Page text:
Photo courtesy of Chris Connors

Residents of Warner and surroundings towns have requested to place the Warner River under a state environmental protection program. 

The Warner River is a favorite location for trout fisherman and kayakers. Joining New Hampshire's River Management and Protection Program would mean that people who live near the river will have a say in conserving it.

Wikimedia Commons

The “Climb to the Clouds” road race will take place on the slopes of Mount Washington this weekend. All eyes will be on David Higgins, a rally driver who holds the record for fastest time up the Mount Washington Auto Road—a blistering 6 minutes and 9 seconds, over 70 miles an hour on average.

The New Hampshire Union Leader has disabled the comments section on its website.

The paper’s president, Brendan McQuaid, said that responding to complaints and at times removing comments was taking up too much of the staff's time. 

Behind a cracked parking lot and below a yellowed sign sits the Hill Village Store. It’s right off the single road that cuts through Hill, New Hampshire, and it's the only store in town that sells food.

This week, after 17 years under one owner, it's closing and going up for sale. For Foodstuffs, our regular look at food and food culture in New Hampshire, NHPR’s Ben Henry went to Hill to find out what the loss of the store means for the town.

apasciuto via Flickr cc

The New England Fishery Management Council is asking the Trump Administration to slow its push for offshore oil and gas developments on the East Coast. (Scroll down to read the letter sent by the organization to the Department of the Interior.)

An Executive Order signed in April urges oil exploration in the mid and south Atlantic. Currently, five companies are seeking permits to conduct what are called seismic surveys in these areas. 

Ben Henry

In a plant-filled apartment in Lebanon during the heat wave this week, Helen Brody drank iced tea and recalled the rise and fall of the New Hampshire Farms Network (NHFN). She launched the website in 2008, to nurture local food culture at a time when “local food” was barely a thing.

For the past decade, the NHFN website had been a source of in-depth profiles on New Hampshire farmers and their families. This April, it closed down, although the New Hampshire Historical Society recently made plans to acquire the profiles.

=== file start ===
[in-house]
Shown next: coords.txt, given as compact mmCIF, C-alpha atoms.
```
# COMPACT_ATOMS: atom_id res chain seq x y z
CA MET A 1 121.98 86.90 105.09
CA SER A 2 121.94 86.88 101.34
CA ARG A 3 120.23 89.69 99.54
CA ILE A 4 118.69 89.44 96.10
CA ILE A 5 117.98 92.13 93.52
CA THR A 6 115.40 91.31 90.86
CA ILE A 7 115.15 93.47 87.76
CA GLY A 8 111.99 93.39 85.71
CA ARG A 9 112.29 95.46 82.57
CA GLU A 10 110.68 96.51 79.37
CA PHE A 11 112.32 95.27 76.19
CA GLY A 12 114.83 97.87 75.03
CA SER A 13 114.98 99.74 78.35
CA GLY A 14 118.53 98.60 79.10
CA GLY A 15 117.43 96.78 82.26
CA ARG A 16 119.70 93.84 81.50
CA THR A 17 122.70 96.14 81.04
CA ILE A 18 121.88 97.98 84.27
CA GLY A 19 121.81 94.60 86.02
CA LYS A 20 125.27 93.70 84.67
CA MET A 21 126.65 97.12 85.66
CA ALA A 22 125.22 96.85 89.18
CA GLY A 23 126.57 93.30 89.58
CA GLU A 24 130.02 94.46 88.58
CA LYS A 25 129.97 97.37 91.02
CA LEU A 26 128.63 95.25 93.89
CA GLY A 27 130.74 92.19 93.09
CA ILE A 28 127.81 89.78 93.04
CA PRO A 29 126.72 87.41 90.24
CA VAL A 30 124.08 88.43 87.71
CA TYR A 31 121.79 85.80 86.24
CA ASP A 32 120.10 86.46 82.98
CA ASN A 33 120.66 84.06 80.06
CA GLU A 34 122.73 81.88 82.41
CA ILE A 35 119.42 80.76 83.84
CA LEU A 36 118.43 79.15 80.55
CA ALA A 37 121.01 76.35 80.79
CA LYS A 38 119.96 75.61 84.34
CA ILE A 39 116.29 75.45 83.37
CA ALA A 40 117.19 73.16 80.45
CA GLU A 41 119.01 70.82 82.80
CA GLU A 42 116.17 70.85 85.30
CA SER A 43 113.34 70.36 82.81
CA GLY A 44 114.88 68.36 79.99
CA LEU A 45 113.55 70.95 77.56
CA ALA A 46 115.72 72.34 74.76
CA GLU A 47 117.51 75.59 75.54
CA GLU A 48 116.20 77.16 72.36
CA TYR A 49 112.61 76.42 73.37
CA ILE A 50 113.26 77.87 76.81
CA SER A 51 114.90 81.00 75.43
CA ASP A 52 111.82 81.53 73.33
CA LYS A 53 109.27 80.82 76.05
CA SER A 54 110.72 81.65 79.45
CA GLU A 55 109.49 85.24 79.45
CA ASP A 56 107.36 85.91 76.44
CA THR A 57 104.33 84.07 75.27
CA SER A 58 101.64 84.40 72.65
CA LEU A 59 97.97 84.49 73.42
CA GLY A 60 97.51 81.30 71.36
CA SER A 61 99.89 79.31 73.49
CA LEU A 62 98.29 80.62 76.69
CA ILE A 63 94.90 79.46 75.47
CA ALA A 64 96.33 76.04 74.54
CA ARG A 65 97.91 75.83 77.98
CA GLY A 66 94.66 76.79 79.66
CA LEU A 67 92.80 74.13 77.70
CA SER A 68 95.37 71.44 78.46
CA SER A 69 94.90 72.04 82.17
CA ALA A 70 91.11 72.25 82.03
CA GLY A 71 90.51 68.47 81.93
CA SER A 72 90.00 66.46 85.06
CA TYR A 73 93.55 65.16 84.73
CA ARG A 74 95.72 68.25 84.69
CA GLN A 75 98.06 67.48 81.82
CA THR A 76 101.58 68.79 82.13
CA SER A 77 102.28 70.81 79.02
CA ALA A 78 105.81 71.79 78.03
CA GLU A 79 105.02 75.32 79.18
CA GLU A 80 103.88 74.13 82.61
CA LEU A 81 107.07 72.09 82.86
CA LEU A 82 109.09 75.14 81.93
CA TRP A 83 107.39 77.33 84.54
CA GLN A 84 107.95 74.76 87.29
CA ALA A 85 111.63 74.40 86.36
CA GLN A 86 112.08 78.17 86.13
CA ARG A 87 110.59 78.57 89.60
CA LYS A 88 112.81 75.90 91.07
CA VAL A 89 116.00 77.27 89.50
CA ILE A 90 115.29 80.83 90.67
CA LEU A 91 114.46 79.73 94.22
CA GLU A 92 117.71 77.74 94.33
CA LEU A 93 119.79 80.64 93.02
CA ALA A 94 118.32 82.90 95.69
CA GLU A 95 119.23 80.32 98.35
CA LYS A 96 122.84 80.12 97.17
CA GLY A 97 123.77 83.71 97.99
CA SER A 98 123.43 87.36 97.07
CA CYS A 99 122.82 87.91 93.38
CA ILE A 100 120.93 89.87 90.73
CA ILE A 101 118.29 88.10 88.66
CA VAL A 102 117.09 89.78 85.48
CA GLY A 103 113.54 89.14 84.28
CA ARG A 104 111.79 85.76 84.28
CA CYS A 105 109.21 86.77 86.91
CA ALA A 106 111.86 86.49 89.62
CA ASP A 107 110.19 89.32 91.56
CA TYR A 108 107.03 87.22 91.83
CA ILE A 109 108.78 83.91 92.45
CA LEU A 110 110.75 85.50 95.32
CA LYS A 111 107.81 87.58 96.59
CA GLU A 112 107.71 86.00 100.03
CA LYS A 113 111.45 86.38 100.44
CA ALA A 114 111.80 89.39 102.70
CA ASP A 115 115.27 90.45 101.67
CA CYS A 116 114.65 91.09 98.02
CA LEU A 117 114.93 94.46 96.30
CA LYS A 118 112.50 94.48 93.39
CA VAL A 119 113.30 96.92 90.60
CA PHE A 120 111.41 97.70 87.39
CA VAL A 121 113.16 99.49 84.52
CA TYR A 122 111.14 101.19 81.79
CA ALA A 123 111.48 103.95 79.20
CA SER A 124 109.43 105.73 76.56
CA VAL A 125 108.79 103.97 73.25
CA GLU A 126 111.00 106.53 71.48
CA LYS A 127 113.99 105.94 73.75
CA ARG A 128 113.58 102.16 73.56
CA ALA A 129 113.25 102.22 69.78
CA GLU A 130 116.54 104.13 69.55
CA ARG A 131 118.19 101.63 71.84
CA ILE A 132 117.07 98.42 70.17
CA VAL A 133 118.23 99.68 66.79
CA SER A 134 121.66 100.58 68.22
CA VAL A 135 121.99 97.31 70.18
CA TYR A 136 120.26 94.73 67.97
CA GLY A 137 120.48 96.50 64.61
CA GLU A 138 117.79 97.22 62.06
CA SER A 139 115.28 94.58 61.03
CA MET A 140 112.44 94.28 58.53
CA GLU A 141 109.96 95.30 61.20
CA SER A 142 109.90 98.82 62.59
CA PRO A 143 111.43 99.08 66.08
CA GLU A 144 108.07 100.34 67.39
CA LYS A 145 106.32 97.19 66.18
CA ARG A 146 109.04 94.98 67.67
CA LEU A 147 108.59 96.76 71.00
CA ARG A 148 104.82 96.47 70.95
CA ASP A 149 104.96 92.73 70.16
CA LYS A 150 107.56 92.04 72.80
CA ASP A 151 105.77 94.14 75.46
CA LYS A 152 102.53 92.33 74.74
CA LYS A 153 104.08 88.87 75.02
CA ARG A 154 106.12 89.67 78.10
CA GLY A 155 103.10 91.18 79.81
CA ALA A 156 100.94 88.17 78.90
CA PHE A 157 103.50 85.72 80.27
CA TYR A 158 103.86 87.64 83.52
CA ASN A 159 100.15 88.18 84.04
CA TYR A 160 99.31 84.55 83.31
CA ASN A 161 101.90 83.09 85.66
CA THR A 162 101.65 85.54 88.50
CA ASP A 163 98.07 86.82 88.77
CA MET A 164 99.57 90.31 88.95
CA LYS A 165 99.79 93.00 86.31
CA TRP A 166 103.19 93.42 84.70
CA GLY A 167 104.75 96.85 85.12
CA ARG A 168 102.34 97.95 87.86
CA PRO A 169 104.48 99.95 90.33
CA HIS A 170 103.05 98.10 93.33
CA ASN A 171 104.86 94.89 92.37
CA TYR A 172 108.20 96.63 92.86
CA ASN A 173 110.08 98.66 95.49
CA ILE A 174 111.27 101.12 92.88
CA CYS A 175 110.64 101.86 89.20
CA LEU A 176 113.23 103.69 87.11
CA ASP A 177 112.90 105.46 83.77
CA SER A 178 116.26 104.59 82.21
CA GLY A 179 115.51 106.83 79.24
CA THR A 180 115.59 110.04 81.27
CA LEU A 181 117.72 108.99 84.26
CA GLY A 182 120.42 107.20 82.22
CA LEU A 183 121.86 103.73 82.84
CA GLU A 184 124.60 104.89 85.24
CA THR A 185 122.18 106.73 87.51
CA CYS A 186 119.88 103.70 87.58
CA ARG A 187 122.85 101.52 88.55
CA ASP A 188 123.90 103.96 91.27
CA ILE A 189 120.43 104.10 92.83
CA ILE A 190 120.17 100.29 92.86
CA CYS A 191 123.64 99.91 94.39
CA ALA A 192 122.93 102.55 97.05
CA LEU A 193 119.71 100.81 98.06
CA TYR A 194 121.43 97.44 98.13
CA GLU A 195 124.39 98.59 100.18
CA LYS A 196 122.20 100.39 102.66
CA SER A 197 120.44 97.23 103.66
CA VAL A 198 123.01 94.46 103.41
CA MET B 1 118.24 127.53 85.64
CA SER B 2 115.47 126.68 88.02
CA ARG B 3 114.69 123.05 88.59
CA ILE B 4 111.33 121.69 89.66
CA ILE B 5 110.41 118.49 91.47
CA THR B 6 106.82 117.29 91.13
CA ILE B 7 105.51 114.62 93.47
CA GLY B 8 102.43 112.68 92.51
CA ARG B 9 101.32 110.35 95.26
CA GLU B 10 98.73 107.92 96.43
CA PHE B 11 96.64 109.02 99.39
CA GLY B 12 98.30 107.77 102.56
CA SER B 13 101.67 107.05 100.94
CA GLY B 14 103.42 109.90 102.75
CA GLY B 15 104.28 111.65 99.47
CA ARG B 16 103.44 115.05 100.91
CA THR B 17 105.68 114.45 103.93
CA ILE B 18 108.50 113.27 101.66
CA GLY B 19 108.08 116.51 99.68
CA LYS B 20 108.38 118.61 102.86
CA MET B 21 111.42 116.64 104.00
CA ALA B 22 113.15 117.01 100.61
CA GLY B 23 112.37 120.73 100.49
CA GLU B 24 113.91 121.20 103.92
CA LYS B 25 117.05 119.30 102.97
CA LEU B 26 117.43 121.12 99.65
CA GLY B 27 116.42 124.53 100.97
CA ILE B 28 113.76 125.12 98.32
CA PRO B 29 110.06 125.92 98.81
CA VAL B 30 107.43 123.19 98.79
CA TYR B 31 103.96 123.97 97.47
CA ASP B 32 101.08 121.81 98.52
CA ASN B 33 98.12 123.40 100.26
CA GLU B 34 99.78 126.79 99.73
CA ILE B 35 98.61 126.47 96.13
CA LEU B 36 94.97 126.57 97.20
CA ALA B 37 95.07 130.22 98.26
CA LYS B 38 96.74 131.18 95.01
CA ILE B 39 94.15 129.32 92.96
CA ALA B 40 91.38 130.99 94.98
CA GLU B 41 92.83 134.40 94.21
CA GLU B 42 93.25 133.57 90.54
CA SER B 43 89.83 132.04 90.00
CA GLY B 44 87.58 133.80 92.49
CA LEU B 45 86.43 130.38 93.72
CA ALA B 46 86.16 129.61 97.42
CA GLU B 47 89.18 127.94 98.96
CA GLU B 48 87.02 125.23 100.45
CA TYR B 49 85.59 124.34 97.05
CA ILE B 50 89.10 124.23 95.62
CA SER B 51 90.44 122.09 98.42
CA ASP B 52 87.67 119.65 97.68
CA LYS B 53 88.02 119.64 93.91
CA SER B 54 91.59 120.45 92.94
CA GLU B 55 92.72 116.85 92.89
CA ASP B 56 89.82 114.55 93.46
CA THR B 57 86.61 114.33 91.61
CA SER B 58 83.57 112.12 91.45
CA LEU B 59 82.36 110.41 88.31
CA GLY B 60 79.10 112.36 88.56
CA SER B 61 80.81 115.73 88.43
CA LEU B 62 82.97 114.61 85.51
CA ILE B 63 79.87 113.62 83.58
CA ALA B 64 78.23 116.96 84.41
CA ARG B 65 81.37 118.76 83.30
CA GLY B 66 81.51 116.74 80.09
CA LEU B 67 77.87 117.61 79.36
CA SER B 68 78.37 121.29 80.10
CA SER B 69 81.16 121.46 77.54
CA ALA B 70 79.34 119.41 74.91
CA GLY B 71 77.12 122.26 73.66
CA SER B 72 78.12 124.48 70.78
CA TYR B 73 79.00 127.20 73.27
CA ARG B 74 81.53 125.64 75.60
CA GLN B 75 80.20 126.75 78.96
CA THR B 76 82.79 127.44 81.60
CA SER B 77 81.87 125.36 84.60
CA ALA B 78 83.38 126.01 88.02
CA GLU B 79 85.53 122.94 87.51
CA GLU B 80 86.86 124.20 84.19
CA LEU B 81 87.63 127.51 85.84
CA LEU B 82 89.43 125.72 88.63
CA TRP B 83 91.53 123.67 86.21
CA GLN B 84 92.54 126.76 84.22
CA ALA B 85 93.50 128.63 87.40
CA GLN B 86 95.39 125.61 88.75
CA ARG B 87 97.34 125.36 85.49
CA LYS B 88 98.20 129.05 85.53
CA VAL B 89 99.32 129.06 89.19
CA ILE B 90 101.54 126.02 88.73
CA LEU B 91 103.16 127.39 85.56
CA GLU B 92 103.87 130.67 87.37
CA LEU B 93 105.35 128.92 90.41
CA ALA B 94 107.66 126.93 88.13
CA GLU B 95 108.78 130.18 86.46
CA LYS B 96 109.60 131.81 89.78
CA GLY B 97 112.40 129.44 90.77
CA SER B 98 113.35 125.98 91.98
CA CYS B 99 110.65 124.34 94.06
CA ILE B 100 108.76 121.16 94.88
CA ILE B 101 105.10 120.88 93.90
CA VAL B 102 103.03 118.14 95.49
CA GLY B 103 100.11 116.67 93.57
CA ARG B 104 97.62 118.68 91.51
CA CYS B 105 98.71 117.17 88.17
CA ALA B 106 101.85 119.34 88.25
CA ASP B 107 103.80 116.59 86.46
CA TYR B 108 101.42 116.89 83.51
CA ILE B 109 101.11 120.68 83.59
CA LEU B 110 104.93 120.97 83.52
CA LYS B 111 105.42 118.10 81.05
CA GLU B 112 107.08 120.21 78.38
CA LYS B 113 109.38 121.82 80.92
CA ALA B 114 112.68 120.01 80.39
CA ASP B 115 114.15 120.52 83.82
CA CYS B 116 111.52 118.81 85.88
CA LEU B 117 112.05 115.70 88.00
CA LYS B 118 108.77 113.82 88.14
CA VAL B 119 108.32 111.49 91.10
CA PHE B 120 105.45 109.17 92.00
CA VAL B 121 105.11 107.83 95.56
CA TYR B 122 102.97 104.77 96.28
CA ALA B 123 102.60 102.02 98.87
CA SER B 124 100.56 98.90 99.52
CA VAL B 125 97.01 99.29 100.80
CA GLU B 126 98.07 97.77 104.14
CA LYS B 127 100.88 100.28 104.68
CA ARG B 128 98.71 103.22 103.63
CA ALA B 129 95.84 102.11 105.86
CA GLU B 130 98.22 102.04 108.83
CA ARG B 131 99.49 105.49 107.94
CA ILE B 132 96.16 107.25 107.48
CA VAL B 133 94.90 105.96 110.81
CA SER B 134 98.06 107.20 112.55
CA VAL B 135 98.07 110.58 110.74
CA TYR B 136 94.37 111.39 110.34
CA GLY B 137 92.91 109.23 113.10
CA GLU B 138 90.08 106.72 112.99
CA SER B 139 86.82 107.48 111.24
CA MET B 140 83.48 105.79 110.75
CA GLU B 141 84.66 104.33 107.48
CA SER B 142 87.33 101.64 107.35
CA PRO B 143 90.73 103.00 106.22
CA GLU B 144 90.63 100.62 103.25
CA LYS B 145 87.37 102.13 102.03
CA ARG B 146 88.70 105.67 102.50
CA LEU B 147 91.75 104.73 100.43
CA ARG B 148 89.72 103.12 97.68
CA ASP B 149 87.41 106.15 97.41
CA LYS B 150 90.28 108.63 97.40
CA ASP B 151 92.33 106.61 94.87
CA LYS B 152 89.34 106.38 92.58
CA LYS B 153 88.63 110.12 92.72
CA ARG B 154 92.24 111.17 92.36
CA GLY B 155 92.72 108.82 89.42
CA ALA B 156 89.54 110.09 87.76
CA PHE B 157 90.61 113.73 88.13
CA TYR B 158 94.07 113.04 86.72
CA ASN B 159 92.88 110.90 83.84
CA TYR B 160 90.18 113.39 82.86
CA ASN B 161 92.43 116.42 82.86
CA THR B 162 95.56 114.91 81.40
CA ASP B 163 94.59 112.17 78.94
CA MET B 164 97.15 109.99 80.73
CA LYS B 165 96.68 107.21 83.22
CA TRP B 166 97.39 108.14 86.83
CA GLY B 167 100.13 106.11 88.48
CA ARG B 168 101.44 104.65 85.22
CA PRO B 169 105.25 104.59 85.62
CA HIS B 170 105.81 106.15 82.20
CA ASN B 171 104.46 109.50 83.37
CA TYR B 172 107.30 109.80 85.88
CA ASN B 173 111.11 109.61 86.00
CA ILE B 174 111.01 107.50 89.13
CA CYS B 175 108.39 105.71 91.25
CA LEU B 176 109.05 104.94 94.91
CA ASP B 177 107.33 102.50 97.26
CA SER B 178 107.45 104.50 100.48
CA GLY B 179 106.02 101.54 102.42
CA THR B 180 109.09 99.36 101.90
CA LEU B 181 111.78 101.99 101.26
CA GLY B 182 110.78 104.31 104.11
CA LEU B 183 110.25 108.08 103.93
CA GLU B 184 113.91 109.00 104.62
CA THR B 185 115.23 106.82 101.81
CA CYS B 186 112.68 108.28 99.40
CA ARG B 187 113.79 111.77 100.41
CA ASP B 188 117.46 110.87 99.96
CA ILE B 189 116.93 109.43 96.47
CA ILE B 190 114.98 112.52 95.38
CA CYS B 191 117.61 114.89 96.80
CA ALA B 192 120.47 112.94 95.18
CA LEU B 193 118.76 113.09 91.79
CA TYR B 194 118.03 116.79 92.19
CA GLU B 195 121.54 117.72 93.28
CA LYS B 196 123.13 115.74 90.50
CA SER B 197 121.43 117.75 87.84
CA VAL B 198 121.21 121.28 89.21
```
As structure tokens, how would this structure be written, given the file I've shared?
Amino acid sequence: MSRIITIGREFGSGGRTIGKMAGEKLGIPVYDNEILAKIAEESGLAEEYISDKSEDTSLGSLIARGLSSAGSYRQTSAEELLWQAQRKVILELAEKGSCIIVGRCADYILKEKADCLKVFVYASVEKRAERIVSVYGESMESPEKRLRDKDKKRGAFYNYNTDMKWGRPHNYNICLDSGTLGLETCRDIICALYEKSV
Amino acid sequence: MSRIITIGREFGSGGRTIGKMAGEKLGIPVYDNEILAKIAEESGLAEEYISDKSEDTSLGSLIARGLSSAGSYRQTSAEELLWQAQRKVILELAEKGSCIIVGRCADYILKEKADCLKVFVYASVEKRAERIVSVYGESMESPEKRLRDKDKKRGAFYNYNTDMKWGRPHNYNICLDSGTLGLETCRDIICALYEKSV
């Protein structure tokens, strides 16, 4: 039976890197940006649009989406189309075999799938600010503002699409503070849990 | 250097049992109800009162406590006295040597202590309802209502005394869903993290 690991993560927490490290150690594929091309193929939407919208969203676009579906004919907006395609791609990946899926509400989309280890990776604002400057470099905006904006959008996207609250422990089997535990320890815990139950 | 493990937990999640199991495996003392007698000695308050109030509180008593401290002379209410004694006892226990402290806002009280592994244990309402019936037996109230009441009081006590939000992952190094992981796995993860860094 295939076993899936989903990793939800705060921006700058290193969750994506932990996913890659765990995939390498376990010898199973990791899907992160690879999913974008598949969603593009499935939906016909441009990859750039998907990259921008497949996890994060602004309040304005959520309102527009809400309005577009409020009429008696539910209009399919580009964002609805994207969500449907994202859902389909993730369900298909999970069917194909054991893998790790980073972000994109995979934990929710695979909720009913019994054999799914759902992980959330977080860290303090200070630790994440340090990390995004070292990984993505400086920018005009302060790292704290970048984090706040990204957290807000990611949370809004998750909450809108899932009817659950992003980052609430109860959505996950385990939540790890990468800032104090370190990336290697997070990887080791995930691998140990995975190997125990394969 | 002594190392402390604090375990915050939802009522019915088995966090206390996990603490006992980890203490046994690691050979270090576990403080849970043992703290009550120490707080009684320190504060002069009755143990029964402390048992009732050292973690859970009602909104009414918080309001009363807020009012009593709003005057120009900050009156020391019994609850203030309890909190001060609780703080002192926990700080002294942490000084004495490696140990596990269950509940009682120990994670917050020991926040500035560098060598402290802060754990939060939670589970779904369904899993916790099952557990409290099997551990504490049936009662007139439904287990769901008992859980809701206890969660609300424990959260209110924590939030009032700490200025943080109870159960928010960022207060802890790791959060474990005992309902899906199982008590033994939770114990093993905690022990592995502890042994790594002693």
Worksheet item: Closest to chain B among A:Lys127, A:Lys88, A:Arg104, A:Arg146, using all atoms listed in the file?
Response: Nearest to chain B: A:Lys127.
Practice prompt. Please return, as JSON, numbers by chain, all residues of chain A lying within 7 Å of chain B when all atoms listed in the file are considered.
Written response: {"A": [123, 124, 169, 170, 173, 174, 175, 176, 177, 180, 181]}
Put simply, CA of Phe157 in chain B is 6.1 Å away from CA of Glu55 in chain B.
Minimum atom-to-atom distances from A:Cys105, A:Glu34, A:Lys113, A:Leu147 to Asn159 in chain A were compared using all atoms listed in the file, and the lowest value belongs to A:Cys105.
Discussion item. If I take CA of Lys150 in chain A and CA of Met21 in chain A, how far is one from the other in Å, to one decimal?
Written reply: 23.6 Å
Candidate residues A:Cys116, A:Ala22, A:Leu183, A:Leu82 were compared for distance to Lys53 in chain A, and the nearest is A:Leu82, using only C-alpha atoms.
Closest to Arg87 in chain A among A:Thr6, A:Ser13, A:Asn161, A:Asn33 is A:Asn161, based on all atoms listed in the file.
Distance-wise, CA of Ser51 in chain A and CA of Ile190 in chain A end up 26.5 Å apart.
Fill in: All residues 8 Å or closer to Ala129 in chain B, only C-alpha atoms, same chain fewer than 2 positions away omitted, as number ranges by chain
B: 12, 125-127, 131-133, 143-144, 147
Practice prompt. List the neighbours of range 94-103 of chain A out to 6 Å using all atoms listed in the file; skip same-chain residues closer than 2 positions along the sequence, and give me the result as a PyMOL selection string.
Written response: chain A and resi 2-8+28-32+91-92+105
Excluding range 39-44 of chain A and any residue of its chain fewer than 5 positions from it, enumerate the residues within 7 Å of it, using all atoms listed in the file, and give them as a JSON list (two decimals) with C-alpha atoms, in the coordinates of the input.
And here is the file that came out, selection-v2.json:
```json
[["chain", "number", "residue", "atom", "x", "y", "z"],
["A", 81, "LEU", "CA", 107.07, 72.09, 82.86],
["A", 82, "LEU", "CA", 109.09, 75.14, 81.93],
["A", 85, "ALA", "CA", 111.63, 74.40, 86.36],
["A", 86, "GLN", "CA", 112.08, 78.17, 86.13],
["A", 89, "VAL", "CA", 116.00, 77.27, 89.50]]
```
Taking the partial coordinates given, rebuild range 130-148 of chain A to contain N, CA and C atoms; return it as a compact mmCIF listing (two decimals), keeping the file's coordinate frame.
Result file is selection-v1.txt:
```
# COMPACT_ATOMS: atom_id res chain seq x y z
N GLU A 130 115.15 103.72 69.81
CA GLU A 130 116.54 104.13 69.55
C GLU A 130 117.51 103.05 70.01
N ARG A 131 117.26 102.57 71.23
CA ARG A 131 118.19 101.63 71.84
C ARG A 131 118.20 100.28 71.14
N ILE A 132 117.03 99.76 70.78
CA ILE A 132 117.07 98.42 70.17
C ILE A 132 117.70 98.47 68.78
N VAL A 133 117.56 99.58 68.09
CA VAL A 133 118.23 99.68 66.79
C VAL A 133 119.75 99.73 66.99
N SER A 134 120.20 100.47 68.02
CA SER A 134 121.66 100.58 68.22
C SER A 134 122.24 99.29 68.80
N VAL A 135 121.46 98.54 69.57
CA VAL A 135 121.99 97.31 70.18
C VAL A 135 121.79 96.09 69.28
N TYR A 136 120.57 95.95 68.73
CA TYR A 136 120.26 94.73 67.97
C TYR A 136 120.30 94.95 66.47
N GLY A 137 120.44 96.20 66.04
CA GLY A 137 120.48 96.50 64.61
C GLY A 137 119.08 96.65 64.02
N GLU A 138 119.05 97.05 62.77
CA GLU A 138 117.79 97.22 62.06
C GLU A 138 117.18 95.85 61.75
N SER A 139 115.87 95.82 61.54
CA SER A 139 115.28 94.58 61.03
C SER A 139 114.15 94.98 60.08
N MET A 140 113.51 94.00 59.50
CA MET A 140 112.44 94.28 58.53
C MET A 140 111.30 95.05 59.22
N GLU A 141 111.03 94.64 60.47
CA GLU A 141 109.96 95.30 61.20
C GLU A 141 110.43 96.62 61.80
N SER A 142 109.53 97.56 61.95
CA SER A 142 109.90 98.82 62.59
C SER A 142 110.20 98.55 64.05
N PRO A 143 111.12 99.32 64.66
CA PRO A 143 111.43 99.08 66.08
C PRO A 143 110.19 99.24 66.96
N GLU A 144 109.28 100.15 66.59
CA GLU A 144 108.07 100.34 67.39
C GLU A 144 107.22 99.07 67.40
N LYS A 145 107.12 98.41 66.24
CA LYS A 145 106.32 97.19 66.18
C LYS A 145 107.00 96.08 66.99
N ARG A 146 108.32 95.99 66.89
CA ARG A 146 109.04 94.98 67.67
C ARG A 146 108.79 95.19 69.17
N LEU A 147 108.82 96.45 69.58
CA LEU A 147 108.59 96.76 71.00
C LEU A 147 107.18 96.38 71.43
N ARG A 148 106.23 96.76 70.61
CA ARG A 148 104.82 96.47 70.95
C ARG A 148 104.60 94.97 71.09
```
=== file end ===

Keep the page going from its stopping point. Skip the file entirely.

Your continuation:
Sharon Sinclair, Flickr

A 24-hour donation drive for New Hampshire’s nonprofits kicks off tonight. More than 350 nonprofits are taking part in the day-long event, called NH Gives.

The very first NH Gives took place last year, raising $188,000. Much of that went to small organizations that lack the infrastructure to launch large-scale fundraising efforts of their own.

Amy Quinton, NHPR

New Hampshire imports all of its fossil fuels, meaning a lot of money leaves the state to keep our lights on. Local clean energy companies want to change that, by transitioning to renewable sources like solar and biomass. 

Congresswoman Annie Kuster expressed support Monday for New Hampshire’s green energy economy  and opposition to Donald Trump’s withdrawal from the Paris Climate Accord. Speaking in Peterborough alongside clean energy advocates, Kuster said the state should stay committed to the goals of the Paris agreement and invest in New Hampshire energy.

The Otter, Flickr

By the end of this century, scientists predict the ocean on New Hampshire’s coast will rise anywhere between 4 and 6.5 feet above where it is today—a consequence of climate change. But when the sea rises, groundwater rises to keep up. That would spell trouble for roadways, even roads inland from the ocean, according to a new study from UNH.

Chevrolet

Electric vehicles are not quite mainstream yet, but the price of one model, the Chevy Bolt, is dropping to an accessible range. Concord Monitor columnist David Brooks was lucky enough to test drive one, and wrote this week that there’s a learning curve for driving these cars. He spoke with NHPR’s Peter Biello about the experience.

About that learning curve—what exactly would we have to unlearn as drivers in order to learn how to drive electric cars?